Kimi Raikkonen Actually Cracked A Smile While Driving The Alfa Romeo Guilia Quadrifoglio: Video
Kimi Raikkonen is a robot. Kimi Raikkonen has the emotional capacity of a cardboard cut-out of himself. Kimi Raikkonen cracks a smile about as often as a total solar eclipse. We’ve all read and heard about the stone-faced demeanor of the Ferrari F1 driver and former world champion. This is the same guy, after all, who once famously said on national television that he was dropping a deuce during a tribute for F1 legend Michael Schumacher. Yet for all of his “Iceman” moments, Raikkonen is also regarded as one of the best race car drivers in the world today, and together with teammate and four-time champion Sebastian Vettel and Antonio Giovinazzi, Ferrari’s third F1 driver, the Iceman put those skills to the test for a day in the track onboard the Alfa Romeo Giulia Quadrifoglio.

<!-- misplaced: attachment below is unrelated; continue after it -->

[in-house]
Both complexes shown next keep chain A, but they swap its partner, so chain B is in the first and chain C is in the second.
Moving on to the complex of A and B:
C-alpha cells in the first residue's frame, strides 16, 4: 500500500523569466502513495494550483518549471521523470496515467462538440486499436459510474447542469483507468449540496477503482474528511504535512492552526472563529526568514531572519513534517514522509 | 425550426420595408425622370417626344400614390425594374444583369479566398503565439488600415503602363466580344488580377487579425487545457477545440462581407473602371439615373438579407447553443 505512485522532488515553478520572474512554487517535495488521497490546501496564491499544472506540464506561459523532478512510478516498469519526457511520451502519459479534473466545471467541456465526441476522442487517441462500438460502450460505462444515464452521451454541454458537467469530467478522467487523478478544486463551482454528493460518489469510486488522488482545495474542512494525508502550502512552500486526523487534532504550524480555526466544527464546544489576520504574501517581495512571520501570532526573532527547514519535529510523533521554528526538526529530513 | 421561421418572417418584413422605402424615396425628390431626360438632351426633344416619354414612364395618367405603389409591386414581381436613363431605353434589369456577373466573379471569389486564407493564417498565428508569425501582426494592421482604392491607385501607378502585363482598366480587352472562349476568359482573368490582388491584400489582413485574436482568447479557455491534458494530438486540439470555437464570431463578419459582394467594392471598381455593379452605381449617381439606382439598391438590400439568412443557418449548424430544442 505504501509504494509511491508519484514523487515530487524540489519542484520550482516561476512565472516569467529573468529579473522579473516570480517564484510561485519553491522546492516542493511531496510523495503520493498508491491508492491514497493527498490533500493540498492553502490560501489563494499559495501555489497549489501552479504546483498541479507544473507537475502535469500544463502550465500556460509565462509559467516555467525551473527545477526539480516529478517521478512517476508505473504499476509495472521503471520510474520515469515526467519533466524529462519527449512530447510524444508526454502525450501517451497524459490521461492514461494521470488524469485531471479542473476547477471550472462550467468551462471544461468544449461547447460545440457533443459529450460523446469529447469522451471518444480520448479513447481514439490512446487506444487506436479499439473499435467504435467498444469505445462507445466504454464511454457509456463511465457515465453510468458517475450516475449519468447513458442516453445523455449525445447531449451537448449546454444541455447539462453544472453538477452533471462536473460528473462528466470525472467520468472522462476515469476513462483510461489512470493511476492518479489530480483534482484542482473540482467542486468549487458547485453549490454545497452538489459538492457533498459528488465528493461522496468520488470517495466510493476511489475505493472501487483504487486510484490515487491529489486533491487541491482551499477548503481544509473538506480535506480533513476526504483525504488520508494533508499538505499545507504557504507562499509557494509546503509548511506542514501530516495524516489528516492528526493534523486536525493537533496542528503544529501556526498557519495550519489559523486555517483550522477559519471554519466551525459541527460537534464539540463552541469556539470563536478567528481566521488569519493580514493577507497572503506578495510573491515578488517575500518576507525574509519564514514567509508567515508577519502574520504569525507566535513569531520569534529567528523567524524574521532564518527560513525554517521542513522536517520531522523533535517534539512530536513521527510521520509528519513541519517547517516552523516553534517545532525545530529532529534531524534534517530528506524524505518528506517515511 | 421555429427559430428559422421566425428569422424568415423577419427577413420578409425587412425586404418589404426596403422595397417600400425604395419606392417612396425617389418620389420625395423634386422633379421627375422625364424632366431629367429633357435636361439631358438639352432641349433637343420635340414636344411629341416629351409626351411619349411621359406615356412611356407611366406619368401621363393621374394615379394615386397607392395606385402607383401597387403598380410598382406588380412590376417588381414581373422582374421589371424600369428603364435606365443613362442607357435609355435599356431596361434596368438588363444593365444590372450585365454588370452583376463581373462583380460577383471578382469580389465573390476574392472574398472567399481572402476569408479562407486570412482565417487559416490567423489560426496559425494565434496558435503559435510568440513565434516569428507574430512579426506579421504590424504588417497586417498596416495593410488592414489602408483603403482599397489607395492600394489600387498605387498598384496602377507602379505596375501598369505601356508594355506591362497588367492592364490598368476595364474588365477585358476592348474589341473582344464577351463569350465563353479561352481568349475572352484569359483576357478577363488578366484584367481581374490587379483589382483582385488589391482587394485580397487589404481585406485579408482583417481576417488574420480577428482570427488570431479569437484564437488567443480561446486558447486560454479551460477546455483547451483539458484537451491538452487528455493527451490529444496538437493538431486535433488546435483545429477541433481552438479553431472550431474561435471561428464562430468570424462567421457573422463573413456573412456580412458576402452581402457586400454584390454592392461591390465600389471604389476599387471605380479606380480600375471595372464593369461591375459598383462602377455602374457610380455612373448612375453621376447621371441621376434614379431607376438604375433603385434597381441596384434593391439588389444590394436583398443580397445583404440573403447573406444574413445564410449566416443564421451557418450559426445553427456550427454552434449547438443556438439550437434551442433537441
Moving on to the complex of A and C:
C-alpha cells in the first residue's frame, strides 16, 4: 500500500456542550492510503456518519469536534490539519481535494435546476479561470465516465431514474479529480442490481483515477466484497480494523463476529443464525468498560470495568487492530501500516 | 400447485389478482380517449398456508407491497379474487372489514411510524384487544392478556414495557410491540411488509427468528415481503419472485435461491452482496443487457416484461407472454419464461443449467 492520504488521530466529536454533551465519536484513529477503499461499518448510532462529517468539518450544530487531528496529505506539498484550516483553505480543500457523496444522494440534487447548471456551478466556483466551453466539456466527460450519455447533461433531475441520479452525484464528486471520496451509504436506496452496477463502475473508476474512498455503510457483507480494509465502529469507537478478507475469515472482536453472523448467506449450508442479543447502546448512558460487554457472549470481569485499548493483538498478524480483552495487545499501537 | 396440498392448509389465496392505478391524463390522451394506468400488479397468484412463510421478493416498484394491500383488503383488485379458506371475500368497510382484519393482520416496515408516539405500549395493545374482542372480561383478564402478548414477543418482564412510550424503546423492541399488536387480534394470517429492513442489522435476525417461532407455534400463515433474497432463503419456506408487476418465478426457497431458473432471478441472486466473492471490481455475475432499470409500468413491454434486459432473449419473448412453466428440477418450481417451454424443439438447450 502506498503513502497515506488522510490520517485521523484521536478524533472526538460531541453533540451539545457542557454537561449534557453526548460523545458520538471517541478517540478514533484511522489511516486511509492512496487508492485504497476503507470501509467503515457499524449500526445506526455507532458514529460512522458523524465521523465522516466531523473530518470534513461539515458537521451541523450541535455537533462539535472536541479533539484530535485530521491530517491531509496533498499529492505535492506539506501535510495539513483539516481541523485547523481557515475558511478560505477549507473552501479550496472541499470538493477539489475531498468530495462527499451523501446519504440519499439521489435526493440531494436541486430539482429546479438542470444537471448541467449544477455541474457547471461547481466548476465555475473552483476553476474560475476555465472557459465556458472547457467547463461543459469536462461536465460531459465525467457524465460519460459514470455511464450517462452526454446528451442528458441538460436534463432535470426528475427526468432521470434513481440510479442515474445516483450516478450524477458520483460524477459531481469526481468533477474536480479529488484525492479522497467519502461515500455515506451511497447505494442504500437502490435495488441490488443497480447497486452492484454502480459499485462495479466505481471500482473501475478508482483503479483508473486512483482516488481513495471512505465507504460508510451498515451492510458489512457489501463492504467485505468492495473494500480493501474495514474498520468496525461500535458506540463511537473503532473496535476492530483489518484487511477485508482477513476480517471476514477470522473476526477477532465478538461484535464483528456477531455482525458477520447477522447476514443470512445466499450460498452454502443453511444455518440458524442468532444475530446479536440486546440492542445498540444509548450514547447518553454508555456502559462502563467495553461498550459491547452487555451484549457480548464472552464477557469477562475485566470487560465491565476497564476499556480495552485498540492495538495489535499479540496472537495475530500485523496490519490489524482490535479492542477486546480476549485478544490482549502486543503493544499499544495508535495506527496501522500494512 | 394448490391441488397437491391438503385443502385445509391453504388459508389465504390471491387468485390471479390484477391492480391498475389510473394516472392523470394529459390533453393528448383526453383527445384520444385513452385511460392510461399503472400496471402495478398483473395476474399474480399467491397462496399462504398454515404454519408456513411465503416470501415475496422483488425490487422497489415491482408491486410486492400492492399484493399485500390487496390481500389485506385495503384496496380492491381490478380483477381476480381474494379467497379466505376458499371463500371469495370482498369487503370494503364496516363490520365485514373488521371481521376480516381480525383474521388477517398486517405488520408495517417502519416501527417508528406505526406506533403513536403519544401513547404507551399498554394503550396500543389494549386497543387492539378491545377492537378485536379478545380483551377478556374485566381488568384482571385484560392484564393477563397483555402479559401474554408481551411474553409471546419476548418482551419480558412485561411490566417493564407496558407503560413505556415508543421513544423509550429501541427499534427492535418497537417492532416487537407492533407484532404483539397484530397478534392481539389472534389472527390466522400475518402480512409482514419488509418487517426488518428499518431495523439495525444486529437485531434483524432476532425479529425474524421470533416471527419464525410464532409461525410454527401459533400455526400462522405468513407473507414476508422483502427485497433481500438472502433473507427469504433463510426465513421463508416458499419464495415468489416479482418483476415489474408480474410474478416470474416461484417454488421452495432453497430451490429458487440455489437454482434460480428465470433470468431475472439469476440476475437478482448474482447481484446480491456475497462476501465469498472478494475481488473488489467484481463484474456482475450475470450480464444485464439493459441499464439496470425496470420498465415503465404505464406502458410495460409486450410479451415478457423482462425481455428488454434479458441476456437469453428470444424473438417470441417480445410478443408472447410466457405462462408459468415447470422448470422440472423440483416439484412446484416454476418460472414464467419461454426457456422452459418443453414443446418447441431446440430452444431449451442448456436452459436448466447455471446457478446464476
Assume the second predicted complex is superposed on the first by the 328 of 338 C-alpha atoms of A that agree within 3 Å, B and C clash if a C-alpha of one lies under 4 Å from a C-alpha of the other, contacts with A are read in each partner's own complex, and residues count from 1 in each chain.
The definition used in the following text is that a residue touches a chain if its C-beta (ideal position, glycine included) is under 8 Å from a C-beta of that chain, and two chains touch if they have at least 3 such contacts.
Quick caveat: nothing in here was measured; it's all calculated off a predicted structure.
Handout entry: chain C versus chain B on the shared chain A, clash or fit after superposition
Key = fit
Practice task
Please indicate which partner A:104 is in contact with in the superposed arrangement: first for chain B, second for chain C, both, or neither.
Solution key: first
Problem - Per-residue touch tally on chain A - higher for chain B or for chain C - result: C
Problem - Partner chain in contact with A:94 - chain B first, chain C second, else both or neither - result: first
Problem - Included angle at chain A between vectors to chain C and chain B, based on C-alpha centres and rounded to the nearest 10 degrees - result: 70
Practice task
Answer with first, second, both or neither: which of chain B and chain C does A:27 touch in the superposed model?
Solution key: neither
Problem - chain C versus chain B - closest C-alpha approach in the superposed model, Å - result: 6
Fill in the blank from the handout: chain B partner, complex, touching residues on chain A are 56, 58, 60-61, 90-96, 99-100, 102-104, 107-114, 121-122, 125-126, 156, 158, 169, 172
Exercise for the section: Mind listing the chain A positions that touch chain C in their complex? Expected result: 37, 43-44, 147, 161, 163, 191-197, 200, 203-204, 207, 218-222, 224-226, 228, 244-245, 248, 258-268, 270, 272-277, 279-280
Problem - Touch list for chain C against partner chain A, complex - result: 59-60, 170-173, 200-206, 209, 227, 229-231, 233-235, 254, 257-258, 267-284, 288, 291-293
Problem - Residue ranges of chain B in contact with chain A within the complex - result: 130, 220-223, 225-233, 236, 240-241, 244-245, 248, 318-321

The following video here is what happens when you get Raikkonen, Vettel, and Giovinazzi to race the wheels of the 505-horsepower Giulia Quadrifoglio. You get lots of smoke, plenty of sideways action, and an actual smile creep in to the face of the Finn. For what it’s worth, it’s hard to tell what’s more shocking between seeing the Giulia Quadrifoglio perform the way it did on the track with three F1 drivers driving it or the fact that Raikkonen seems to be having a ball of a time in the car. My money’s on the latter since the sight of a smiling Raikkonen is worthy enough to actually steal some of the spotlight away from the car he’s driving. Either way though, it’s good to see the three Ferrari racers enjoy themselves with Alfa’s new performance sedan. Heck, if the Giulia Quarifoglio actually made Kimi smile, that’s vindication of the sedan’s prowess in it of itself already.
Alfa Romeo Giulia Quadrifoglio Fails To Complete Track Test: Video